This pastoral letter was read at my former parish, just a week after a homily given that said exactly the opposite. Will that priest change his heart or mind, or will he be disciplined at all? I can't think of ONE TIME that a priest in DFW has been disciplined in ANY significant way, unless he's been caught (by the law, not the church)abusing a child sexually.

Thanks for letting me vent :-(

discalcedyooper said...

If folks didn't take so much pride in supporters of another political party being singled out on an issue, they might believe that concern for the unborn wasn't chimerical. If folks stopped treating the attrocities committed by our foreign policy as inconsequential, they might even gain credibility.

Red Cardigan said...

Well, sir, if folks didn't brush aside forty-eight million dead babies as if they were less important than other issues, maybe other folks wouldn't call them so harshly on the inconsistency.

And this goes double for Catholic folks, you know.

discalcedyooper said...

You act like a vote for McCain would have any effect on it, let alone eliminating it. Does the fact that I ate rice and chicken tonight - okay, better example is the NY Strip the other night - mean I'm indifferent toward starvation in Africa?

Red Cardigan said...

I'm not necessarily voting for McCain, you know. I have no illusions that he'll singlehandedly eliminate abortion.

Obama will increase it. He's promised to sign FOCA, for starters; he'll fund foreign abortions, and will probably make taxpayers pay for more US abortions than we already do. Voting for him is setting aside any concern for the unborn.

I think abstaining, or voting third-party, are morally sound choices. Voting for Obama means not just keeping the status quo on abortion; it means electing someone who isn't even personally opposed to it, and who will do everything he can in favor of abortion and so-called "abortion rights." He has specifically promised to do that, you know.

discalcedyooper said...

Who you support or don't support is rather immaterial. Either Barack Obama or John McCain will be elected President. If you are going to evaulate the election based on abortion you need to evaluate it based on what the candidates are going to do, something you bother to do with Obama but don't with McCain. The one option we don't have Nov. 4th is eliminating abortion. Pretending it is an option is an exercise in self delusion.

Red Cardigan said...

It's not about voting for someone to end abortion Nov. 4th. It's about our moral acquiescence in the candidacy of the most pro-abortion person ever to run for the presidency.

I wrote earlier that I believe that Obama is morally unfit for public office on the grounds of his support for abortion alone. Would you have voted for a pro-slavery candidate back before the civil war on the grounds that the other guy wasn't going to end slavery, anyway, and "your" guy was more likely to care about the poor? Because that's exactly what you're arguing, it seems to me.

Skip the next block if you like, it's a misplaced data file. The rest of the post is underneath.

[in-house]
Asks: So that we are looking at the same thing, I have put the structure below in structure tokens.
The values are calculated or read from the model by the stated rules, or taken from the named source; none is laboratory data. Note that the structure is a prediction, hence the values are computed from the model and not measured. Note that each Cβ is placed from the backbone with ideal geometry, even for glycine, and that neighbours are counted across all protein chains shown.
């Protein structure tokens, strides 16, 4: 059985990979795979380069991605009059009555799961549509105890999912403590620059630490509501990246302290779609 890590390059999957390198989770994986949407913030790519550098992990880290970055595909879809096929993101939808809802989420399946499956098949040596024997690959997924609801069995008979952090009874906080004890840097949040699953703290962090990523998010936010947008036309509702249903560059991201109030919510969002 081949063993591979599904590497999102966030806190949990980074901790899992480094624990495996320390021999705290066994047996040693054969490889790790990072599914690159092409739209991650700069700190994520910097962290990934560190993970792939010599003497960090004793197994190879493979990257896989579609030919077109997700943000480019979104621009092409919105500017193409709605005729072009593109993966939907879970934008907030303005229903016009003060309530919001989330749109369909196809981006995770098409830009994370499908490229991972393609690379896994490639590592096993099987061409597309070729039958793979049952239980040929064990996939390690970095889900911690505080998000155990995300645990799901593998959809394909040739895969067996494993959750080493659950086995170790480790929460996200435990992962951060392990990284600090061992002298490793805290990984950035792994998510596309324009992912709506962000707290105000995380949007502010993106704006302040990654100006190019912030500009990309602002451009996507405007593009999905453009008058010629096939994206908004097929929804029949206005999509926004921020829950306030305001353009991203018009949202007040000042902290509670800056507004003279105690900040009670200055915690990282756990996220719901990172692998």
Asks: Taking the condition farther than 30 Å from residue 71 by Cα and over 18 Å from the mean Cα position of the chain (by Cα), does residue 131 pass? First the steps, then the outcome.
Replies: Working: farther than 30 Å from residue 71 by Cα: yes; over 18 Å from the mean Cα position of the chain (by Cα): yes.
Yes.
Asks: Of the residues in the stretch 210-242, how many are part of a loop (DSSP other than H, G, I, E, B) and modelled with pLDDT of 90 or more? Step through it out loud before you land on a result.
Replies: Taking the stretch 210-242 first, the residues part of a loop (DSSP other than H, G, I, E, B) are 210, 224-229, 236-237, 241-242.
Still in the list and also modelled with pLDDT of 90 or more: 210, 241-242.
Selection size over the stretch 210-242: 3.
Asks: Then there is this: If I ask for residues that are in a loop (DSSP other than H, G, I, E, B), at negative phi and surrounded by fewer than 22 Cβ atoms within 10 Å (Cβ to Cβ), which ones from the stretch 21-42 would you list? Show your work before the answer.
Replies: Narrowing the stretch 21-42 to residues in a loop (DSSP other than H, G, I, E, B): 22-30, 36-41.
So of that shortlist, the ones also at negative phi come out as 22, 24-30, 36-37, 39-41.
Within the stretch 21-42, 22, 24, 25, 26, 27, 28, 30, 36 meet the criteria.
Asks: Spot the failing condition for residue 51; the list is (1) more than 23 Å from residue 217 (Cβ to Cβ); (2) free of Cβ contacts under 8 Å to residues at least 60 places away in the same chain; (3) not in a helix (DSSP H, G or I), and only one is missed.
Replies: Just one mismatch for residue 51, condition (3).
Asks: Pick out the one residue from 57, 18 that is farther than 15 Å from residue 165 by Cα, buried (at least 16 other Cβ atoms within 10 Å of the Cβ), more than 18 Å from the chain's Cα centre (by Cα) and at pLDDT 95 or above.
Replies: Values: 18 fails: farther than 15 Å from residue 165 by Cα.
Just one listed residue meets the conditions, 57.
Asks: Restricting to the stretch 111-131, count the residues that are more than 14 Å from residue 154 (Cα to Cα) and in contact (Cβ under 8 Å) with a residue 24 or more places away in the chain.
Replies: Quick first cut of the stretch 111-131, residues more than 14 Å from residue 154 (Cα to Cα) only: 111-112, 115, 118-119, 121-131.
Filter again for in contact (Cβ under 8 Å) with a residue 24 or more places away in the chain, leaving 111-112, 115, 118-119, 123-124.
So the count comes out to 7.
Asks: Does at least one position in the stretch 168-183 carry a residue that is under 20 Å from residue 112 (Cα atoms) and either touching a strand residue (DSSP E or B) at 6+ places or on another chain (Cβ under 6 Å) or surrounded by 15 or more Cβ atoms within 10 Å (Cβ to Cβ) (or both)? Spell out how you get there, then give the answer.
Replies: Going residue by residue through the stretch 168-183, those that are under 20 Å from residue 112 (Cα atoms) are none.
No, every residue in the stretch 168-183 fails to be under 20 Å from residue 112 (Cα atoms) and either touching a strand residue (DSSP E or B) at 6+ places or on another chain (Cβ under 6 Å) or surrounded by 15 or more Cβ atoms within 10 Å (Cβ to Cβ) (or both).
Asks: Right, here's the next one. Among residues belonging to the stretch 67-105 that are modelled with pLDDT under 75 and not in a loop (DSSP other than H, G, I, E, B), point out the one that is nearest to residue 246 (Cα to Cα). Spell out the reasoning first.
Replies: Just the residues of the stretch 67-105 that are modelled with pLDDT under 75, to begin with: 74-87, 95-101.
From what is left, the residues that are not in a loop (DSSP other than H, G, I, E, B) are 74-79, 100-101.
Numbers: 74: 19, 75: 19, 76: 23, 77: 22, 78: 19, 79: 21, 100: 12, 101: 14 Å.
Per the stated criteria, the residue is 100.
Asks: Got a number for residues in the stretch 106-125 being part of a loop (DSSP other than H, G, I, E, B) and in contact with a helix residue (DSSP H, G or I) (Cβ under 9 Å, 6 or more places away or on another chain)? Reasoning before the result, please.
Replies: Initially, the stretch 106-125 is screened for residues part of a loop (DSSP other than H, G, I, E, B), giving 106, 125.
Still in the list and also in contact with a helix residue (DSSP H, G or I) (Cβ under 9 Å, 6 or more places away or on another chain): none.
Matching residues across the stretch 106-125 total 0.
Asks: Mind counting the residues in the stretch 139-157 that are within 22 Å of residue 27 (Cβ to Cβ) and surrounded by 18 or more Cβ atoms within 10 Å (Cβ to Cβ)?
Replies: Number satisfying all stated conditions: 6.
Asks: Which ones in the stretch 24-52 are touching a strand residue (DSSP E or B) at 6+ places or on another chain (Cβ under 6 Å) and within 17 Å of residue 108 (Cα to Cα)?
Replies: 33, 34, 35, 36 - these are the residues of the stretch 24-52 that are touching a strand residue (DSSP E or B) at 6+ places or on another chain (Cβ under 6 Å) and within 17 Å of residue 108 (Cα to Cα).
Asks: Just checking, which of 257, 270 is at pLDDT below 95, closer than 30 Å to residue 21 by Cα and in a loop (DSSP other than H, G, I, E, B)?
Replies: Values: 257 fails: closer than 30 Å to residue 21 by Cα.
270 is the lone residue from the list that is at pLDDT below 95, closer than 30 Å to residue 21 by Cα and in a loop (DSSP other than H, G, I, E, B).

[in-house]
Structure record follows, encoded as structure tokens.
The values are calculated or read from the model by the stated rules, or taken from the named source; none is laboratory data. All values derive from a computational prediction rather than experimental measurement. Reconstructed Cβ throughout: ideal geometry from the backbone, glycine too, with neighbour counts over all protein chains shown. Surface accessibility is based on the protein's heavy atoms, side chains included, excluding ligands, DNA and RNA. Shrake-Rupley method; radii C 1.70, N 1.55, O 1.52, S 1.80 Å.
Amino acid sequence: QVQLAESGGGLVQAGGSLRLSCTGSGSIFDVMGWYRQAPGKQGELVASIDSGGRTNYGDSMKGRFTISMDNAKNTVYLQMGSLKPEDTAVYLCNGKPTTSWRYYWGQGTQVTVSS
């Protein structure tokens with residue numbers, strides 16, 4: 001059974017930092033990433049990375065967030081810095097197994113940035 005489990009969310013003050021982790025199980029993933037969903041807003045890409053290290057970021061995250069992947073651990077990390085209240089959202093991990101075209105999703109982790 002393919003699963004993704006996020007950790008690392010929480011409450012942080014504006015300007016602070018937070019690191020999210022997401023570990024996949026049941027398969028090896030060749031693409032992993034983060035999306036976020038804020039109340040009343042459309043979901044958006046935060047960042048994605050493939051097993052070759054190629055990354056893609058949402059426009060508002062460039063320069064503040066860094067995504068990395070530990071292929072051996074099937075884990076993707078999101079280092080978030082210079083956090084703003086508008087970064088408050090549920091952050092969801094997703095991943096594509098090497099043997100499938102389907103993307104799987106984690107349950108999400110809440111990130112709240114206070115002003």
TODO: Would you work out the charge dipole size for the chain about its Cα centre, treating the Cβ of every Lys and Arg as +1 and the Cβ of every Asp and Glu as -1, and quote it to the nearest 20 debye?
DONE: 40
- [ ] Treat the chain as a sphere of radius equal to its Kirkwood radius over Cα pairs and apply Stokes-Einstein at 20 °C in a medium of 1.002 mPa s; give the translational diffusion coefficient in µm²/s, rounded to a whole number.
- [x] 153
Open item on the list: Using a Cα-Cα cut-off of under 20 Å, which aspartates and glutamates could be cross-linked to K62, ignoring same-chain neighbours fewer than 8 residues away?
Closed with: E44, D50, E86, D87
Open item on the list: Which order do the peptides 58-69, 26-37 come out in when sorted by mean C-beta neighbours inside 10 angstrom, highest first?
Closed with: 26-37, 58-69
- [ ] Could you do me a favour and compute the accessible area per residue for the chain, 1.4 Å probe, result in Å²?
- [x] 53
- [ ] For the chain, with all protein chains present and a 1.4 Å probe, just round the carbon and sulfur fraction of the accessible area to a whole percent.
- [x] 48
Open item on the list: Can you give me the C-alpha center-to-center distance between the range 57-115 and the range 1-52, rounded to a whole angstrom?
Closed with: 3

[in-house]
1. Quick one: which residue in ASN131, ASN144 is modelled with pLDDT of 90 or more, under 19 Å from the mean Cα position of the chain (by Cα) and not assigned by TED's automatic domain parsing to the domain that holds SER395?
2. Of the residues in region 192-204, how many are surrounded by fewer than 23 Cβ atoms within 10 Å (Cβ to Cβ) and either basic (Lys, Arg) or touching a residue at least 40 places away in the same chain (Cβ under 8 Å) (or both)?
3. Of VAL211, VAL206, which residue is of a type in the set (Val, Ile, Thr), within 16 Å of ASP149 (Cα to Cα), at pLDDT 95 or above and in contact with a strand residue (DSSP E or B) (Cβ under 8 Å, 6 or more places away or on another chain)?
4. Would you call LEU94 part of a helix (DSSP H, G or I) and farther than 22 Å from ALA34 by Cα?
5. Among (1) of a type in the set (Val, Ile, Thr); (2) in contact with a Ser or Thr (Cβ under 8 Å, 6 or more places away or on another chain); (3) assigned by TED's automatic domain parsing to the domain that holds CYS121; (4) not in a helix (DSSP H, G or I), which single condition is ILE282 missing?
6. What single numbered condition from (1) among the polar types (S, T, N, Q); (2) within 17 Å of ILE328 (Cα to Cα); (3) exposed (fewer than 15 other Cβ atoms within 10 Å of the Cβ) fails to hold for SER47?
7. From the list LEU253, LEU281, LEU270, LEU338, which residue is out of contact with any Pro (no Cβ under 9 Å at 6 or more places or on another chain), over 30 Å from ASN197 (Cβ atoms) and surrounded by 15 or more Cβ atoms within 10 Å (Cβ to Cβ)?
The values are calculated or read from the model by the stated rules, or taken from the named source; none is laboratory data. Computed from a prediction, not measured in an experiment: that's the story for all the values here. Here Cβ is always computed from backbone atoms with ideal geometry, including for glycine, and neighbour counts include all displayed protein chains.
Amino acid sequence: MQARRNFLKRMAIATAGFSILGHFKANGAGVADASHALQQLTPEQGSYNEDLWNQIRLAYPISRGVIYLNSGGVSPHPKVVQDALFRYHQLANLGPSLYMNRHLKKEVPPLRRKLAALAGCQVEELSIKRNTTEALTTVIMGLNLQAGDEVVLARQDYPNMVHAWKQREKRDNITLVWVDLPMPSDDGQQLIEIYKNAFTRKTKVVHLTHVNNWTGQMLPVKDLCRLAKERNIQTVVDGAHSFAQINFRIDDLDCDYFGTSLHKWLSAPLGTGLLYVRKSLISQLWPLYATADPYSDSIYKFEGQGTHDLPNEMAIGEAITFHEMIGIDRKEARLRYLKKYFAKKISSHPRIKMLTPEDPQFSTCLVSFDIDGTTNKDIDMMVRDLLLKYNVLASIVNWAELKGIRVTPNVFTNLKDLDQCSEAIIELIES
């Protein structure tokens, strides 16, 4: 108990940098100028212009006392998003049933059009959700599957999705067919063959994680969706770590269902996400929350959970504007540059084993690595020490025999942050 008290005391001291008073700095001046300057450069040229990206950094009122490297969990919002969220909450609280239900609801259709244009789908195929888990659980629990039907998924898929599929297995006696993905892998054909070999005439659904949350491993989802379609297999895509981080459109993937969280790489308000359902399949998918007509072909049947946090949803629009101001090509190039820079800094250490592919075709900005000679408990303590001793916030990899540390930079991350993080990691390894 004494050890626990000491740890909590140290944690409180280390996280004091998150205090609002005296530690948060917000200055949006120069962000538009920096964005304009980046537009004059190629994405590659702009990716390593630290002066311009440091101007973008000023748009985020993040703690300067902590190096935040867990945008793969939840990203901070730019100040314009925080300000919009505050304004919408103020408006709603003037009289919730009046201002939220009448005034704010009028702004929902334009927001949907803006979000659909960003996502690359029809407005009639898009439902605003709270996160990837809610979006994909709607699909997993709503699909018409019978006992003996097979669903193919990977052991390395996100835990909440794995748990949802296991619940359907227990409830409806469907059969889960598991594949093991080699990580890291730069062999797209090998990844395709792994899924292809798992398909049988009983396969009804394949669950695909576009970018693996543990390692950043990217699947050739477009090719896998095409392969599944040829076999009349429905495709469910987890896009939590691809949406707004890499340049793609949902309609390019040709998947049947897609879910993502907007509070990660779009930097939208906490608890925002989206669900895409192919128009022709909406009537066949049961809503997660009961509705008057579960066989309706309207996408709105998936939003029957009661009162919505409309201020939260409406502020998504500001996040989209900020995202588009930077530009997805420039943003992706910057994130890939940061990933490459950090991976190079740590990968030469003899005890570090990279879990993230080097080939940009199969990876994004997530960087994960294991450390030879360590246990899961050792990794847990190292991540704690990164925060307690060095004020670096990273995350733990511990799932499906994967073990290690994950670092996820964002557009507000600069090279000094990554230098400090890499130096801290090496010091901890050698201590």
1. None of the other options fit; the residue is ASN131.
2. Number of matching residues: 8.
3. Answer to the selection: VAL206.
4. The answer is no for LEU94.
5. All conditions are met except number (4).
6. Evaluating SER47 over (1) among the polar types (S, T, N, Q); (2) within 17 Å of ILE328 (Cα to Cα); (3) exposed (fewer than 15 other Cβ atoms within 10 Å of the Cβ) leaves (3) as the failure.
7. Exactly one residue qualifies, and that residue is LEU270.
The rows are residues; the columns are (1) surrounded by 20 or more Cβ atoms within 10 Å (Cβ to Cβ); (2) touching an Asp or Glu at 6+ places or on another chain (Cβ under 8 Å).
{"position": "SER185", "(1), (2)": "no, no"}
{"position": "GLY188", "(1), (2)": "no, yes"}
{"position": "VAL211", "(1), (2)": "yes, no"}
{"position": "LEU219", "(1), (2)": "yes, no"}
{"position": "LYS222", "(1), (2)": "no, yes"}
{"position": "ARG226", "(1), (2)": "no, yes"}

discalcedyooper said...

Of course one would vote for the pro-slavery candidate when neither candidate was going to end slavery and the weak slavery candidate was truly poor on other issues. Likewise the candidates' views on contraception aren't affecting my vote this time around. If you look back to the civil rights movement, you'll see this alternative history the pro-life movement has created of civil rights leaders standing on principle first always is complete folly. For the very reason that it was important to end slavery and later to end discrimination, the civil rights movement was very deliberate and contempletive in the particular causes they pressed. The point of political movements is to win, not to be pure.

Red Cardigan said...

There's no "of course" about it. To the abolitionist for whom slavery was a repugnant moral evil, a vote for a pro-slave candidate was unthinkable. I am an abortion abolitionist; I think it must be abolished if our nation is to survive. Voting for someone like Obama is not even possible for me, as I would have to violate my conscience and overlook his cold-hearted and truly hideous level of support for killing unborn humans to do so.

And those of you who think he will be so good on all those other issues will learn to your sorrow that men who enthusiastically and whole-heartedly support the murder of the unborn might possibly be deceitful, untrustworthy, and incompetent in all those other areas, as well; amazing as it is, moral monsters have been known to be egotistical lying opportunists, and even, on occasion, to cheat at cards or lie on their taxes, horrifying thought that is to contemplate.

discalcedyooper said...

To the abolitionist for whom slavery was a repugnant moral evil, a vote for a pro-slave candidate was unthinkable.

That is projection and pseudohistory.

Tim J. said...

Great post, R.C.

I just came out for McCain. Not that I'm excited about it, but Obama is just bad news all around.

"It's the abortion, stupid".